observations generated in the early clinical trials. The first was that high-dose alkylating chemotherapeutic drugs at doses administered for severe aplastic anemia and gamma irradiation caused severe toxicity including mucositis and hemorrhagic cystitis as a consequence of the sensitivity to DNA damage in all tissues.47
Second, the risk of acute GVHD was increased in comparison to other indications for HSCT, presumably also as a consequence of impaired DNA repair and an extended duration of tissue injury eliciting an allogeneic reaction by donor T-cells.49
The initial reports by Gluckman and her colleagues in 1984 showed that a reduced-dose regimen of CY (20 to 40 mg/kg) and a single fraction of total body irradiation or thoracoabdominal irradiation (400 to 450 cGy) effectively modulated the toxicity and was sufficient to ensure engraftment after HLA-ID sibling bone marrow transplantation with a long-term survival rate of 58.5%, although the rates of acute (55%) and chronic (70%) GVHD were quite elevated.50
However, an updated experience of this regimen in 35 patients was reported in 2007, and included antithymocyte globulin (ATG) in the conditioning regimen.51
These results showed a probability of survival of 89% at 10 years, with the incidence of acute and chronic GVHD at 23% and 12%, respectively.
TABLE 103.2 GENES ASSOCIATED WITH FANCONI ANEMIA
Mode of Inheritance Frequency
% of Patients
FIGURE 103.2. FA/BRCA pathway. From Soulier J. Fanconi anemia. Hematol Am Soc Hematol Educ Program 2011;2011:492-497. Epub 2011 Dec 14.
FIGURE 103.3. Survival, cancer-free survival, and survival free of marrow failure in a cohort of patients with bone marrow failure syndromes from the National Cancer Institute. The probabilities of overall survival (A), survival free of cancer (B) and survival free of bone marrow failure (C) are depicted in the 3 panels among patients with Fanconi Anemia, Dyskeratosis Congenita, Diamond-Blackfan Anemia, and Schwachman-Diamond Syndrome. From Alter BP, Giri N, Savage SA, et al. Malignancies and survival patterns in the National Cancer Institute inherited bone marrow failure syndromes cohort study. Br J Haematol 2010;150(2):179-188. Epub 2010 May 29.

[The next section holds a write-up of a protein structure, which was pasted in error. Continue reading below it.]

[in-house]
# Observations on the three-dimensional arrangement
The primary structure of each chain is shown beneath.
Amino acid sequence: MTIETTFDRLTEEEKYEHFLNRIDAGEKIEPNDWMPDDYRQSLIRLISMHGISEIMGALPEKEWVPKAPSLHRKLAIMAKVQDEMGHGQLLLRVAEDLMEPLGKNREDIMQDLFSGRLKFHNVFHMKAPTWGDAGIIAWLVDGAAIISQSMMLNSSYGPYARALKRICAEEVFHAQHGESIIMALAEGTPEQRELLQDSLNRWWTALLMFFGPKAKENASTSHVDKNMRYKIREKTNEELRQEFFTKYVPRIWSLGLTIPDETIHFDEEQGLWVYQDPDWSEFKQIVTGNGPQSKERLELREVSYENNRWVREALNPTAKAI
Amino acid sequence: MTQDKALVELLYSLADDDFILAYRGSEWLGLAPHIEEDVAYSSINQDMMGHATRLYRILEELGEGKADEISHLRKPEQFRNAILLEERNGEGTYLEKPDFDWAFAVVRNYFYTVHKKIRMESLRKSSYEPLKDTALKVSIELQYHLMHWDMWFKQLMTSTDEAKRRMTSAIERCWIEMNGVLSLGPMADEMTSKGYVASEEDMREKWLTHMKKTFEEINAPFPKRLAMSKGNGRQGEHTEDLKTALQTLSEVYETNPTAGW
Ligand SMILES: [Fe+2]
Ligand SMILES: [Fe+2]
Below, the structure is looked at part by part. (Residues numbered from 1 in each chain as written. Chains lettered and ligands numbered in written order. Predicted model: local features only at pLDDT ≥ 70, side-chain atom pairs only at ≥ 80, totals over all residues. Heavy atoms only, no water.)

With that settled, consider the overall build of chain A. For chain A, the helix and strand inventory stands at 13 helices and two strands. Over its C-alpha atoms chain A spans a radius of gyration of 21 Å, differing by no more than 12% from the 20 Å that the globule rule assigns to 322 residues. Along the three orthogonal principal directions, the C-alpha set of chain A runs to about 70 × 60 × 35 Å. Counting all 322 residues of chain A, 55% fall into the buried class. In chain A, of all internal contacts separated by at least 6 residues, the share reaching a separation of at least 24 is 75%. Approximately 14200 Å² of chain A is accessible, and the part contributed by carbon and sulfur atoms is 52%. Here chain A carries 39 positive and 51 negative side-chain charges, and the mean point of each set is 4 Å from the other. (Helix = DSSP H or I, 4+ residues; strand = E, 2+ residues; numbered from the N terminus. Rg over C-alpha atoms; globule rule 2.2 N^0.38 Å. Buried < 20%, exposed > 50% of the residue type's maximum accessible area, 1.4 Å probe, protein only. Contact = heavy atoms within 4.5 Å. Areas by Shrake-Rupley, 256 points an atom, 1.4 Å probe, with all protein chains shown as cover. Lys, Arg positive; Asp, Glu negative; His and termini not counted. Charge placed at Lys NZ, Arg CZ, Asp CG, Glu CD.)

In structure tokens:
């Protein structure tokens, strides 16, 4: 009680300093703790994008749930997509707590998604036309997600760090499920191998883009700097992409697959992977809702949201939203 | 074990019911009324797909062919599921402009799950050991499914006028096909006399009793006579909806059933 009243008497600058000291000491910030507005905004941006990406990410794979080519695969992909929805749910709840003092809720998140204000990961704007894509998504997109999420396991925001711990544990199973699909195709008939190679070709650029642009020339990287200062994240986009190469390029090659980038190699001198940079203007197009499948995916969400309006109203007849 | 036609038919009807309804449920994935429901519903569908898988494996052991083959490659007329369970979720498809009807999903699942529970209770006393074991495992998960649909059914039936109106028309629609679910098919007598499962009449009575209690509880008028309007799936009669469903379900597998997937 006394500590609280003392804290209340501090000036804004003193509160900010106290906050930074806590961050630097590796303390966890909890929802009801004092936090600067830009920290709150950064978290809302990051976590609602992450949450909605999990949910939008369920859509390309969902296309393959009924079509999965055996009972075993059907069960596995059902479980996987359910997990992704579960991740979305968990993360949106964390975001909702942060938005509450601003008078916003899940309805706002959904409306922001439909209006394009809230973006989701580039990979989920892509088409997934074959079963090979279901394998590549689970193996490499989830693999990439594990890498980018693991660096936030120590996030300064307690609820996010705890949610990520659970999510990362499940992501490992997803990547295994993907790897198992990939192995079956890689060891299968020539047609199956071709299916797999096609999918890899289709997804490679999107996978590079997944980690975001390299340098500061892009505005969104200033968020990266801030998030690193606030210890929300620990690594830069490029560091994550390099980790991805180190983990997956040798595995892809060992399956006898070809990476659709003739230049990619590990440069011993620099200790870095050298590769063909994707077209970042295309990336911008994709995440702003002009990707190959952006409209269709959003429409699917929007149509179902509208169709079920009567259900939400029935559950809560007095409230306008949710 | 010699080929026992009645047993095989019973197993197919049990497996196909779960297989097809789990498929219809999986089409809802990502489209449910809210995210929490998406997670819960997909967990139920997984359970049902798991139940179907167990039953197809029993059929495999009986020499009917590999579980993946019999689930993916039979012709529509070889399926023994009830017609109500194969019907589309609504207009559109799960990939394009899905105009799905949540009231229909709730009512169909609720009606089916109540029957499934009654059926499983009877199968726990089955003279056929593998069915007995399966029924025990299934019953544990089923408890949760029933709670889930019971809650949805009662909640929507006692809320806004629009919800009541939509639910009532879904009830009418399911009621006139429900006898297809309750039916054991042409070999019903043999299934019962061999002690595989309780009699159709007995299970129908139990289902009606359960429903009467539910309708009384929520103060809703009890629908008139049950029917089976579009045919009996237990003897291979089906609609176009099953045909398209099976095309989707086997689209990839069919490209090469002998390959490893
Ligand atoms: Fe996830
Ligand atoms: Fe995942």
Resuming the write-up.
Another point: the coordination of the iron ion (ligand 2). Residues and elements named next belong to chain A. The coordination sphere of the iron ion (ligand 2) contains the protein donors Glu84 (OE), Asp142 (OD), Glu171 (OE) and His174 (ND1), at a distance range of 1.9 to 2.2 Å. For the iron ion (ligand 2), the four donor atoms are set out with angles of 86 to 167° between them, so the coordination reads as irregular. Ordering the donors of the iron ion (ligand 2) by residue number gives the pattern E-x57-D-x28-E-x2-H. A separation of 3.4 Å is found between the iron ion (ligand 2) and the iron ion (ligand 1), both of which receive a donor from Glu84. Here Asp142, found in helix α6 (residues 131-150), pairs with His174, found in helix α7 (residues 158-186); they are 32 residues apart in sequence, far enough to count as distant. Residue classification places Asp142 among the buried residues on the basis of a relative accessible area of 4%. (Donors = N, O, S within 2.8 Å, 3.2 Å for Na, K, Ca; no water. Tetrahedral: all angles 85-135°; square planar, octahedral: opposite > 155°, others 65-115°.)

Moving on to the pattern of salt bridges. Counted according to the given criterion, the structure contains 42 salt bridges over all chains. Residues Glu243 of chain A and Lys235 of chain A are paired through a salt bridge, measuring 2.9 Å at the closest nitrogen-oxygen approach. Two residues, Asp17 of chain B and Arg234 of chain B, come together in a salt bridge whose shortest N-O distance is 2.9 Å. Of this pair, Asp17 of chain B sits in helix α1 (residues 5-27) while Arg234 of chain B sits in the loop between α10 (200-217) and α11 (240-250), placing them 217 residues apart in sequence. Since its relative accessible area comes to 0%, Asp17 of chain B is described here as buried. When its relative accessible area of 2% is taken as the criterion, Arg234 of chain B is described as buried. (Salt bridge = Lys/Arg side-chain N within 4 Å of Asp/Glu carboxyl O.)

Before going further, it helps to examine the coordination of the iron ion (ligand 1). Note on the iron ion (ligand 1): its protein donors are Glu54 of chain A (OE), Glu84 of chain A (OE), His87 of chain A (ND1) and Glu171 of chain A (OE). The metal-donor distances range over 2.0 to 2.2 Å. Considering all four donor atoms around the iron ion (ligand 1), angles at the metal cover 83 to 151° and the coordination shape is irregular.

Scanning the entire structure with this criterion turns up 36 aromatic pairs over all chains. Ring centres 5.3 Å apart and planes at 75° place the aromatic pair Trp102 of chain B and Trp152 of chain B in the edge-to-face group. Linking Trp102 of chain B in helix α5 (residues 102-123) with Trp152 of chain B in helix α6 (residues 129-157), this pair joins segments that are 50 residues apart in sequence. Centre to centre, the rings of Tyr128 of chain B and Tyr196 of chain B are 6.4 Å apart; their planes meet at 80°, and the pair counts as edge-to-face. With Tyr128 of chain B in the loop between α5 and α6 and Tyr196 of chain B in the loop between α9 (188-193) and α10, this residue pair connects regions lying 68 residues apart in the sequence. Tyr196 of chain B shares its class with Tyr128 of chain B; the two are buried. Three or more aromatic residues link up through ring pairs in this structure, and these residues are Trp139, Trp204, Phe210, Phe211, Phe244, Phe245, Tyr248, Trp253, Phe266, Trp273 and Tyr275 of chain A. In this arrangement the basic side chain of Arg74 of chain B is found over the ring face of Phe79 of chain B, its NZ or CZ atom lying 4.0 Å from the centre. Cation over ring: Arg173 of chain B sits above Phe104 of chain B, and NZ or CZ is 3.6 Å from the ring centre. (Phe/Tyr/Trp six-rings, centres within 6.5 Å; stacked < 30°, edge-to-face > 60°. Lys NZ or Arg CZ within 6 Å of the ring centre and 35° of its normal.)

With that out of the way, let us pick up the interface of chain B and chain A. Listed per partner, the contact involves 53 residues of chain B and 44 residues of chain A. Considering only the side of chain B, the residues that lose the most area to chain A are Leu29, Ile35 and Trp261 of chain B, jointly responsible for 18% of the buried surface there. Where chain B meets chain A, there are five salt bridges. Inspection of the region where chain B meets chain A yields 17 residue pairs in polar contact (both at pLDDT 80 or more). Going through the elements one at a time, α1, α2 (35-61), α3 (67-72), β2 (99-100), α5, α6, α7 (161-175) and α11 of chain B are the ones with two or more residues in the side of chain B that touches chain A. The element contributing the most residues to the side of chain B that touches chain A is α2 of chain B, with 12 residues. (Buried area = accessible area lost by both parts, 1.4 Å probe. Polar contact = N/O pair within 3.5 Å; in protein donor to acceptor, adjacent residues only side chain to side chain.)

Several other notable improvements have occurred in the 25 years since these initial results after HSCT for Fanconi anemia were reported. The elimination of irradiation from the conditioning regimen has been associated with better results. In a series from Saudi Arabia, the replacement of thoracoabdominal irradiation by a combination of CY with ATG generated better results after HLA-ID sibling bone marrow transplantation (overall
survival 96.9% versus 72.5%, P
Alternatively, the use of CY alone at a reduced dose of 60 mg/kg by investigators in Brazil generated an overall survival and event-free survival 93% and 88%, respectively, with acute and chronic GVHD occurring in 71% and 28.5% of recipients after HLA-ID sibling transplantation.53
Thus, in patients who have a HLA-ID sibling donor and who have not yet progressed to MDS or AML, the results of the reduced intensity conditioning regimens are excellent. In addition, by eliminating radiation from the conditioning regimen, the risk of developing a malignancy after transplantation also should be lowered.